Liveblogging World War II: November 22, 1942

Roy Lower: Luftwaffe Tactical Operations at Stalingrad:

Sixth Army was surely to be cut off and left with two alternatives: stand and fight or attempt a fighting retreat towards Kotelnikovo or Nizhne Chirsk. Both options posed separate, distinct problems for the tactical air forces. Hitler chose to emulate the success of the previous winter at Demyansk and form a hedgehog. To understand how he arrived at this decision despite almost every subordinate commander's objections, we must look back briefly to the Demyansk airlift and the role tactical airpower played in its success….

Continue reading "Liveblogging World War II: November 22, 1942" »

Barney Frank: Obama Rejected Bush Administration Concession to Write Down Mortgages

Matt Stoller:

Barney Frank: Obama Rejected Bush Administration Concession to Write Down Mortgages « naked capitalism: Here’s Barney Frank, in an exit interview recently in New York Magazine, revealing unwittingly that Obama during the transition rejected a Bush administration concession to write down mortgages.  Here’s what Barney said.

The mortgage crisis was worsened this past time because critical decisions were made during the transition between Bush and Obama. We voted the TARP out. The TARP was basically being administered by Hank Paulson as the last man home in a lame duck, and I was disappointed. I tried to get them to use the TARP to put some leverage on the banks to do more about mortgages, and Paulson at first resisted that, he just wanted to get the money out. And after he got the first chunk of money out, he would have had to ask for a second chunk, he said, all right, I’ll tell you what, I’ll ask for that second chunk and I’ll use some of that as leverage on mortgages, but I’m not going to do that unless Obama asks for it.  This is now December, so we tried to get the Obama people to ask him and they wouldn’t do it.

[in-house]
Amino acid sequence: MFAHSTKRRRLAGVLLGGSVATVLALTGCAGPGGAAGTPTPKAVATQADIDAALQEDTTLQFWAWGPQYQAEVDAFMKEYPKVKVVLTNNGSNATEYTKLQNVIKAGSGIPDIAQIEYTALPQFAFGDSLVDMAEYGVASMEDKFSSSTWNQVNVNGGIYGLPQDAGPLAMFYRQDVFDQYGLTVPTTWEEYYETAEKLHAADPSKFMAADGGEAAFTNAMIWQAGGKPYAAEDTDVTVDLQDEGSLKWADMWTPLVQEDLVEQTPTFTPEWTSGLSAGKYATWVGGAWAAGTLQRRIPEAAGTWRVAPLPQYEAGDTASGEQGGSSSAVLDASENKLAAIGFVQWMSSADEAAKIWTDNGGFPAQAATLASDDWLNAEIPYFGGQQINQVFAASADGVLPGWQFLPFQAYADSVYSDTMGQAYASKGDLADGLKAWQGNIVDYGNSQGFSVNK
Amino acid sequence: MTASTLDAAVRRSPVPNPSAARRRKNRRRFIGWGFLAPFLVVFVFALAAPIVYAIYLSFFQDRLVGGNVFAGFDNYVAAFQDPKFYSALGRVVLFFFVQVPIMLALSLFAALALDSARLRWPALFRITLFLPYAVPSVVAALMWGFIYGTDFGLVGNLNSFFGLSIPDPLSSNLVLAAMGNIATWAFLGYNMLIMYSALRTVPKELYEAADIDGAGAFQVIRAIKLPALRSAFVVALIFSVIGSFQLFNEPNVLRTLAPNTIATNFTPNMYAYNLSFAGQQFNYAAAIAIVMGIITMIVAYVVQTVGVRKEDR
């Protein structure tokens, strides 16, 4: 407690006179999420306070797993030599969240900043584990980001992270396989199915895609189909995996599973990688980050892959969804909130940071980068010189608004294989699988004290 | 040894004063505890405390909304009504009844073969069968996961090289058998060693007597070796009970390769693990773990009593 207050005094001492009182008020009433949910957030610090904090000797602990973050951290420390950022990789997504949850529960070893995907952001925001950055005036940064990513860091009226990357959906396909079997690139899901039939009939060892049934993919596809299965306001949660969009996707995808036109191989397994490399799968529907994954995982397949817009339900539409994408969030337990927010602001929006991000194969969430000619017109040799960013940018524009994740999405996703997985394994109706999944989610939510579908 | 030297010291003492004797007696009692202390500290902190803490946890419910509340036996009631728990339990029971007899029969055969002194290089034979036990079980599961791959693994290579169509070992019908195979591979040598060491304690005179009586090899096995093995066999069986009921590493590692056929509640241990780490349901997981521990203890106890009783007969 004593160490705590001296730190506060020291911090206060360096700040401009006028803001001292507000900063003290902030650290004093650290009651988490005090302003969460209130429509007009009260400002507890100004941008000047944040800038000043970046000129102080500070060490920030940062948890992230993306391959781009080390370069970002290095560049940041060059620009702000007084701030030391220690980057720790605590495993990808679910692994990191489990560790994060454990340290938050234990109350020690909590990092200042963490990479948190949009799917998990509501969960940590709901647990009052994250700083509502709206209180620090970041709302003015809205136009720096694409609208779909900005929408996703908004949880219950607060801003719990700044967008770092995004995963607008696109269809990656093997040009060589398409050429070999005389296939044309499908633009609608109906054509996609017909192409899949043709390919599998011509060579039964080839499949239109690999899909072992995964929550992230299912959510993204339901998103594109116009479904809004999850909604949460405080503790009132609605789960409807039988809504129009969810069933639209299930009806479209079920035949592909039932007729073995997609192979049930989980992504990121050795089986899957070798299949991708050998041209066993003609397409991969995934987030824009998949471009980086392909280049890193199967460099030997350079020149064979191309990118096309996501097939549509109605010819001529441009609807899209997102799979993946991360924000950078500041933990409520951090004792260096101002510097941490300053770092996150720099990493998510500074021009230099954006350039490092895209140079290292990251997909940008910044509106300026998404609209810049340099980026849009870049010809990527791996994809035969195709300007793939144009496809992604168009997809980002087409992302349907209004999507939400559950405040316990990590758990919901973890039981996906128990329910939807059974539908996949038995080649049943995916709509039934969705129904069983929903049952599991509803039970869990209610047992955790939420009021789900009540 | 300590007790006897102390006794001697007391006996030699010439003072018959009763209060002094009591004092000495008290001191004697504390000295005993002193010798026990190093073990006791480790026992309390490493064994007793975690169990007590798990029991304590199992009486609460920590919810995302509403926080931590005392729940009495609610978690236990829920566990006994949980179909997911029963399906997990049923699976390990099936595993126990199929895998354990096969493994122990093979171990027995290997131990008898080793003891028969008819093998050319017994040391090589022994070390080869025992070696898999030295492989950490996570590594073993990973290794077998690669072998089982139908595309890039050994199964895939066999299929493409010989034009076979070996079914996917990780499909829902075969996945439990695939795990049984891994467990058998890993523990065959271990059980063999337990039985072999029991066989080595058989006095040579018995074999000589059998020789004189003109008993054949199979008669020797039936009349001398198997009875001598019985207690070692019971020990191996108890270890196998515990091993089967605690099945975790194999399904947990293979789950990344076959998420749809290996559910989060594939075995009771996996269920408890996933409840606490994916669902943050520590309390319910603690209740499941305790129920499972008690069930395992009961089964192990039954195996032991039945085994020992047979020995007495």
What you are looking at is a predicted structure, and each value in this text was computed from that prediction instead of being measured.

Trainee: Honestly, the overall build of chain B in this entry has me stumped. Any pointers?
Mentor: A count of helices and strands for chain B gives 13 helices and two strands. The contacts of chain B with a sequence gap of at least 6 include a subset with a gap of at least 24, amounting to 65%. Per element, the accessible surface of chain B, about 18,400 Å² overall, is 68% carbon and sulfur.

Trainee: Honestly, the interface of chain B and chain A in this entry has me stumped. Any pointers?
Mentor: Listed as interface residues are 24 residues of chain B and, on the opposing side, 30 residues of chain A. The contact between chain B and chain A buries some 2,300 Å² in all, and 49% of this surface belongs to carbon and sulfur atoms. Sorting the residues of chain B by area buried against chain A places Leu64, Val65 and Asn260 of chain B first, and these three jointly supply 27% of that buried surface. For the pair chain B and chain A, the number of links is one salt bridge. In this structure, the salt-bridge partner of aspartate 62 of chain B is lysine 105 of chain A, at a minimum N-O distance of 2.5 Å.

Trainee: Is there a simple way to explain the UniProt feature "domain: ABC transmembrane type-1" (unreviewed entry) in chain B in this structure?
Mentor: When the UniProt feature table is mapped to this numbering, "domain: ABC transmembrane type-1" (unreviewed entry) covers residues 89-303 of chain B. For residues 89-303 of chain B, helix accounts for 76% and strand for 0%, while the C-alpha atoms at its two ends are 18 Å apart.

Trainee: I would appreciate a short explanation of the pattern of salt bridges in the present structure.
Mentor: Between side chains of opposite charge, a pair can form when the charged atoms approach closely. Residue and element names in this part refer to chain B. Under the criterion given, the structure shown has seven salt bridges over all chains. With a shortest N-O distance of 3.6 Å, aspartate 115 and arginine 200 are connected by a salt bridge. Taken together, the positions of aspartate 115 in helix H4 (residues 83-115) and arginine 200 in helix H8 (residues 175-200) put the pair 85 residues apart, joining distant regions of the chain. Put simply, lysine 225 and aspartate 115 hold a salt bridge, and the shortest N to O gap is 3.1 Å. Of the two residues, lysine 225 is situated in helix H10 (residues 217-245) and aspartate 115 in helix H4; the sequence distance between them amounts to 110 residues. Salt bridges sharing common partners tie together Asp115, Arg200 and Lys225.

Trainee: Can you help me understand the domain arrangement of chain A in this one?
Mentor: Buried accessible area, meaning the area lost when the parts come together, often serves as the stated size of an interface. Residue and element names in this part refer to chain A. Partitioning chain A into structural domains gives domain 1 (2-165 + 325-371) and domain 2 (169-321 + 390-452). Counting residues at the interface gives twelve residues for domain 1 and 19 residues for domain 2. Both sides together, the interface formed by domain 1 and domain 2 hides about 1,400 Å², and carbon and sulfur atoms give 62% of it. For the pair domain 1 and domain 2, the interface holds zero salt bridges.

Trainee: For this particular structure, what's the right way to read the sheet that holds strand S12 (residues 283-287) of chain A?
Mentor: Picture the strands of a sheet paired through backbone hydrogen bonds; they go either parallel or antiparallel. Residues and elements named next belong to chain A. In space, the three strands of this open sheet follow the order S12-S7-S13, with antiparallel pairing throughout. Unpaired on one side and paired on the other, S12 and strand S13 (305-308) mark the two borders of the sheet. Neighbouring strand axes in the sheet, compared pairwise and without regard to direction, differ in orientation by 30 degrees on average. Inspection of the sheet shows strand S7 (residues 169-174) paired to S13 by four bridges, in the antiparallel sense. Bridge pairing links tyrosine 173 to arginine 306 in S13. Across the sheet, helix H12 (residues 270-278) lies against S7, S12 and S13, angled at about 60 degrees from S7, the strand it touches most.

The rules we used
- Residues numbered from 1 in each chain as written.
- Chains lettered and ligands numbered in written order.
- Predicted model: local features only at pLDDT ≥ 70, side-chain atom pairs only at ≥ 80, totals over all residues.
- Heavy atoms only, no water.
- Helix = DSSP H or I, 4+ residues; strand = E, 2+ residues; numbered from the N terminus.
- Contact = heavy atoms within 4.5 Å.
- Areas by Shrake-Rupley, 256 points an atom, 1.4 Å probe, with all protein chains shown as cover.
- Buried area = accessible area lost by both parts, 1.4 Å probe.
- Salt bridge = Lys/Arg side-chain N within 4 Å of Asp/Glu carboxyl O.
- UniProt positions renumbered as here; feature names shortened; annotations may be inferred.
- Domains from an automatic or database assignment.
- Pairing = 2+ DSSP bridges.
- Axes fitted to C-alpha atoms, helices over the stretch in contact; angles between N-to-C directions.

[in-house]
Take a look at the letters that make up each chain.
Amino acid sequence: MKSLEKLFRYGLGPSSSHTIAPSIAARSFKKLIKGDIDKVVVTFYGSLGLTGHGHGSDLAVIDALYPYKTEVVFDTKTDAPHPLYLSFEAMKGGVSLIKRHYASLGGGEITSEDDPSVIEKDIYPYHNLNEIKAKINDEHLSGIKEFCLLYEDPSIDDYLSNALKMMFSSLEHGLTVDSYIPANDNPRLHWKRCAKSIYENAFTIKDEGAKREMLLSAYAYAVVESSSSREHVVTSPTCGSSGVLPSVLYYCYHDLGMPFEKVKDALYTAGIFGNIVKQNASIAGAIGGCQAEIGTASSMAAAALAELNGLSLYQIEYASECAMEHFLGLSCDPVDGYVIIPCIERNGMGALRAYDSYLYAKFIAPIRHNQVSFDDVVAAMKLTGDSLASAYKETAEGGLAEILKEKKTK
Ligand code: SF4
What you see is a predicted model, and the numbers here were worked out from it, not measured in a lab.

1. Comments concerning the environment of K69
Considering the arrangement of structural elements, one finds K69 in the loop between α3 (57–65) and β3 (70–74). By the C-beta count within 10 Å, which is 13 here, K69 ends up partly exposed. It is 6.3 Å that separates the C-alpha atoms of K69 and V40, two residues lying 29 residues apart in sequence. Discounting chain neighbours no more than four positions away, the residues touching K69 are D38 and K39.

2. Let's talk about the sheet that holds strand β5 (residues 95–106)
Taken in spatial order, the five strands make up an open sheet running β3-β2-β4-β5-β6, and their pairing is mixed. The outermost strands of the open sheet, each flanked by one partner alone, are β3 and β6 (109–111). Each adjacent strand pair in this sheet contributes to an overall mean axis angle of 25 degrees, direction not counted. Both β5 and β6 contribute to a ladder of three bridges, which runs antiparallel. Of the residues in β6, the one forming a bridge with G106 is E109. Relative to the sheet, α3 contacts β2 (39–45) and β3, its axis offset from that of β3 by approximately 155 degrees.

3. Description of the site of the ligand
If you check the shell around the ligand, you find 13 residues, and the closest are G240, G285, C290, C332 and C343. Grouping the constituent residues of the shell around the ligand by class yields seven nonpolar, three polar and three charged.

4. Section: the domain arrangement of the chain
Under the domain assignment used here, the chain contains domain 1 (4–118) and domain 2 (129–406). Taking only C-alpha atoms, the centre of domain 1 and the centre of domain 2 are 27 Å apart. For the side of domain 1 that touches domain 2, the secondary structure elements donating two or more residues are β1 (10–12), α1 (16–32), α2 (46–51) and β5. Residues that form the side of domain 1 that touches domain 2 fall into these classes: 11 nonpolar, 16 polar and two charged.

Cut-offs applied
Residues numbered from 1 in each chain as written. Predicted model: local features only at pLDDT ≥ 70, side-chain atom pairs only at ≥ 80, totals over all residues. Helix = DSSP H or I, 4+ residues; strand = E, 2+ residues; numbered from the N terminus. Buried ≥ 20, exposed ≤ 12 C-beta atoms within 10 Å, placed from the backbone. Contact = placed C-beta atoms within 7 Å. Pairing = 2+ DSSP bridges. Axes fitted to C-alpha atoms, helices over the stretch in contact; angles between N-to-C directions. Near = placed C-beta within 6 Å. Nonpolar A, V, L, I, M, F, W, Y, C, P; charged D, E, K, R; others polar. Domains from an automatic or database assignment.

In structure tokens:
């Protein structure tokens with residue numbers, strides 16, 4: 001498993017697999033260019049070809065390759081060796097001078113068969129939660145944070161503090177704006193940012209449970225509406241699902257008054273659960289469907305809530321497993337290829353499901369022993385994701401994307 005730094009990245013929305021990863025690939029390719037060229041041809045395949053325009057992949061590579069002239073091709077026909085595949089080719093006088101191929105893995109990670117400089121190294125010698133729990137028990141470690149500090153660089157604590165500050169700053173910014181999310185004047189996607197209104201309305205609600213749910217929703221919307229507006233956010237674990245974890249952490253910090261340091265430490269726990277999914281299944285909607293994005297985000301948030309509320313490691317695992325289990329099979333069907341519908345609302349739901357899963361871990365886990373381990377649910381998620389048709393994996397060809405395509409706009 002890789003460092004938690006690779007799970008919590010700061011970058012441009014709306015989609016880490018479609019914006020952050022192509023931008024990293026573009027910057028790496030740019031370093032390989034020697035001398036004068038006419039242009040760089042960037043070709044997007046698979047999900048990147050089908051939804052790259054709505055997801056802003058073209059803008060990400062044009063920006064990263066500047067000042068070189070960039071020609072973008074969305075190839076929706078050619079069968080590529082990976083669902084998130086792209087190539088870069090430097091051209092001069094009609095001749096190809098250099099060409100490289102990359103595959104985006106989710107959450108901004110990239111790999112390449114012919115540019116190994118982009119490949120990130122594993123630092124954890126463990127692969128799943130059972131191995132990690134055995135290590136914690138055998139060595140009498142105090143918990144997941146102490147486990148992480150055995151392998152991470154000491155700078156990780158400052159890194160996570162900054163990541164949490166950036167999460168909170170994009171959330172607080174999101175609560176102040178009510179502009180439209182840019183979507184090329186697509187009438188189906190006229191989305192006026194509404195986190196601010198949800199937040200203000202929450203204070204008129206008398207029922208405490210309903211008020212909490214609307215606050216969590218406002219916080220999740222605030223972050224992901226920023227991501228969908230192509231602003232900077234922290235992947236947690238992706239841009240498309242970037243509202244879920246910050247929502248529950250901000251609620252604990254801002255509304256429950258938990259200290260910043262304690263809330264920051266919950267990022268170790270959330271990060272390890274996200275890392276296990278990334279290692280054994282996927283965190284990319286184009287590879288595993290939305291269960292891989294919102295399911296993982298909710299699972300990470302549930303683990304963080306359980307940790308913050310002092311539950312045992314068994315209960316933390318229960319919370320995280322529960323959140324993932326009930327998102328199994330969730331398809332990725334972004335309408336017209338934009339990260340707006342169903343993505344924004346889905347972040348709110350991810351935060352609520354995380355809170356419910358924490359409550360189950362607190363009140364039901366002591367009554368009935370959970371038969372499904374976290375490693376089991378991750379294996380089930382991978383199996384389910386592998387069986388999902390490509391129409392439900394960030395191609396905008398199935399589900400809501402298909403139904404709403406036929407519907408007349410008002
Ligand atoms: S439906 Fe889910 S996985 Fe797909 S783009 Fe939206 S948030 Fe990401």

Continue reading "Barney Frank: Obama Rejected Bush Administration Concession to Write Down Mortgages" »

Paul Krugman: Democrats Are the New Republicans

[O]n economic issues the modern Democratic party is what we would once have considered “centrist”, or even center-right. Obama’s Heritage-Foundation-inspired health care plan is to the right of Richard Nixon’s. Nobody with political influence is suggesting a return to pre-Reagan tax rates on the wealthy. Fantasies about Obama as a socialist, redistributionist hater of capitalism bear no more resemblance to reality than fantasies about his birthplace or religion.